Rep. Maxine Waters: ‘What Are We Going to Do About the Uninsured from Now on?’

( – Rep. Maxine Waters (D-Calif.), ranking member of the House Financial Services Committee, said Monday that the federal government should be commended for how it protected both insured and uninsured depositors of the failed Silicon Valley Bank.

“Let me tell you, in examining as much as I can what has taken place, listening to the briefings that one I put together with FDIC, talking with the feds, with [Fed Chair Jerome] Powell, talking with [Treasury Secretary Janet] Yellen over at the Treasury [Department], what I know is this that the Silicon Valley Bank was a go-to bank for start-ups. Basically no other bank would support them,” Waters told MSNBC’s “The Reidout.”

“For the most part many I think the traditional banks didn’t understand this innovation and all that the start-ups were trying to get funding for, and so it’s like not only did they support the start-ups, they might have taken too much risk in doing it,” she said.  

“In addition to that, you have to understand when we talk about regulation and deregulation, et cetera, the financial services and banking community is interested in the bottom line,” the congresswoman said.

“So they’re always going to be advocating for what they think will get the most money for them and take care of the customers that they want to serve, and so those of us who sit in the positions like the financial services committee, we have to be about regulation. We have to make sure we’re protecting the people of this country,” she said.


“We have to make sure that we’re watching the SEC, for example, our cop on the block, and so we have been in a struggle, and we will always be in a struggle, because their mission is a lot different from ours, and so you have this bank that was a go-to bank, that was supporting all of these start-ups, et cetera, and I don’t know how they missed looking at their balance sheets to see what was going on, and of course, when they actually understood, I suppose, what was going on, it was too late to borrow money,” Waters said. 

“It was too late to sell securities, and so here we have a bank that collapsed, and in that collapse, it forced this government to have to come to grips with we had a real problem and we had to do something fast,” the congresswoman said.

“We should be, the government should be complemented in the way that they put together protecting the depositors, both those that are insured, those that were not insured, how we were able to protect jobs and how we were able to get those payrolls done so that these owners of these small tech companies could pay their staffs, etc.,” she said.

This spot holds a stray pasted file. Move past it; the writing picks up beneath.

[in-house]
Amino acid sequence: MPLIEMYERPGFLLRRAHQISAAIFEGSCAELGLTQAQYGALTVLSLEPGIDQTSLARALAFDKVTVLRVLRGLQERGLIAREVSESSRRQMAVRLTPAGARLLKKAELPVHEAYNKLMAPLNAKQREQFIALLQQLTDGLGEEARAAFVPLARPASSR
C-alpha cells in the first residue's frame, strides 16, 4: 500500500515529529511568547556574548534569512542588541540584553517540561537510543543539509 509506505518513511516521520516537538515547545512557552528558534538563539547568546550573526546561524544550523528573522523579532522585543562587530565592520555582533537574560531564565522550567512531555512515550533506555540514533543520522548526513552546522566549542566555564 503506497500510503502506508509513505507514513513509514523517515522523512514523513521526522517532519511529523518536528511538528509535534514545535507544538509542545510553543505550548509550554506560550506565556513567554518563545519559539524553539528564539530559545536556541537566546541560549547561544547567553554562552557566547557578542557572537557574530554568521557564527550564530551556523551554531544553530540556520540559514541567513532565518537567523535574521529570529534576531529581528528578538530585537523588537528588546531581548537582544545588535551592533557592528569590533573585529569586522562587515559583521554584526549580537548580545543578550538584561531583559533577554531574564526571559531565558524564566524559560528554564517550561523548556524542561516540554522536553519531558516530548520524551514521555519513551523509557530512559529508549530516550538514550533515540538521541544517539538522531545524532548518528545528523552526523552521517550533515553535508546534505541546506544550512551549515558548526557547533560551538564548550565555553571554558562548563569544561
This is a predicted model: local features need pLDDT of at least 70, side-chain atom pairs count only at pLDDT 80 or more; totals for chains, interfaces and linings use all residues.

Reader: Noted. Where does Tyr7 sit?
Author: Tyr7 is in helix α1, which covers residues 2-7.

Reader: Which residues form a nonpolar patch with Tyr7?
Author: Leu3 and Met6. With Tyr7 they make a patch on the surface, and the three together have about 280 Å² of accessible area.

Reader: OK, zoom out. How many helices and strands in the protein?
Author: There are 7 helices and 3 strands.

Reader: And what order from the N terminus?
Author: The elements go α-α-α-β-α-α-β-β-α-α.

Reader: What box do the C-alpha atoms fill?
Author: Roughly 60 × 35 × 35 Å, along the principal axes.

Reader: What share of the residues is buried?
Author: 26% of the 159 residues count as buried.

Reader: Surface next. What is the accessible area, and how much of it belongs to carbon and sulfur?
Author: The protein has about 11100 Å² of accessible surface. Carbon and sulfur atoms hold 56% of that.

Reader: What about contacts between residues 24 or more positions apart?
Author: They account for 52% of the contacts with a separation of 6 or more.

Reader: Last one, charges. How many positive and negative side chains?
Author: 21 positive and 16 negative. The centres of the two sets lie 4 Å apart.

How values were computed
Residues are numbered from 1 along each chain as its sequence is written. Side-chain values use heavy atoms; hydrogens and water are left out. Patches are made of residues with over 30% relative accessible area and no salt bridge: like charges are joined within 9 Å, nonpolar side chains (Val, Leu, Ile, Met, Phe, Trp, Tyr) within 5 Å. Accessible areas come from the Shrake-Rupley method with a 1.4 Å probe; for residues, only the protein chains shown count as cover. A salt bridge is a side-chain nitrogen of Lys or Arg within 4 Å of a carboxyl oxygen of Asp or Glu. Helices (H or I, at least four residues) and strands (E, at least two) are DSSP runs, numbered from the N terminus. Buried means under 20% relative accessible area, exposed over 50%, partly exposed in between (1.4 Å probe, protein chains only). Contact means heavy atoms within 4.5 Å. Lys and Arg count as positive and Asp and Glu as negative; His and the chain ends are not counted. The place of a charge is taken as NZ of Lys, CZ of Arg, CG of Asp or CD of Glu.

“We did a miraculous job, and we need to thank our agencies for doing that. We have new questions that we have to deal with. For example, what are we going to do about the uninsured from now on? We know that the bank had 90% uninsured. We have to deal with that,” Waters said. 

 The congresswoman said that reports that Silicon Valley Bank’s CEO dumped millions in stock is “a serious thing, and we must be concerned about it, and we’re not bailing out the banks.”

“We are really taking care of our depositors, both again, insured and uninsured, and banks that have done, you know, suspicious things or things that perhaps already are in violation of regulation of laws are going to have to be accountable. They’re going to have to be accountable for what they have done,” she said.

Host Joy Reid pointed out that former Rep. Barney Frank (D-Mass), one of the congressmen behind the Dodd-Frank Wall Street Reform and Consumer Protection Act, reportedly supported weakening some banking regulations then left to join the board of Signature Bank, which failed on Sunday.

“Is that an issue where you have members of Congress who understand the regulatory process and then going out into the private sector and joining these organizations on their boards and then supporting weakening the regulations?” Reid asked.

“Well, you know, I think we have looked add those issues somewhat. we need to look at them in depth and determine whether or not we’re going to do, and these instances like we’ve done in saying you can’t lobby for a certain length of time,” Waters said.

“I think that those issues are worth looking at Signature Bank has closed down and I think that may happen with a few other banks, but I’m looking at Signature to see how much crypto was involved there, because we have to know what role did crypto play in any of this,” the congresswoman said.

“So we have a lot to explore, a lot to investigate, a lot to understand. [Rep. Patrick] McHenry and I are– we’re getting together. We’re going to have a hearing as quickly as we can, and we’re going to try to work in a bipartisan way because we have to make sure that we are concerned continuously still about contagion.  We don’t know a lot of stuff still out there, and so we have work to do,” she said.


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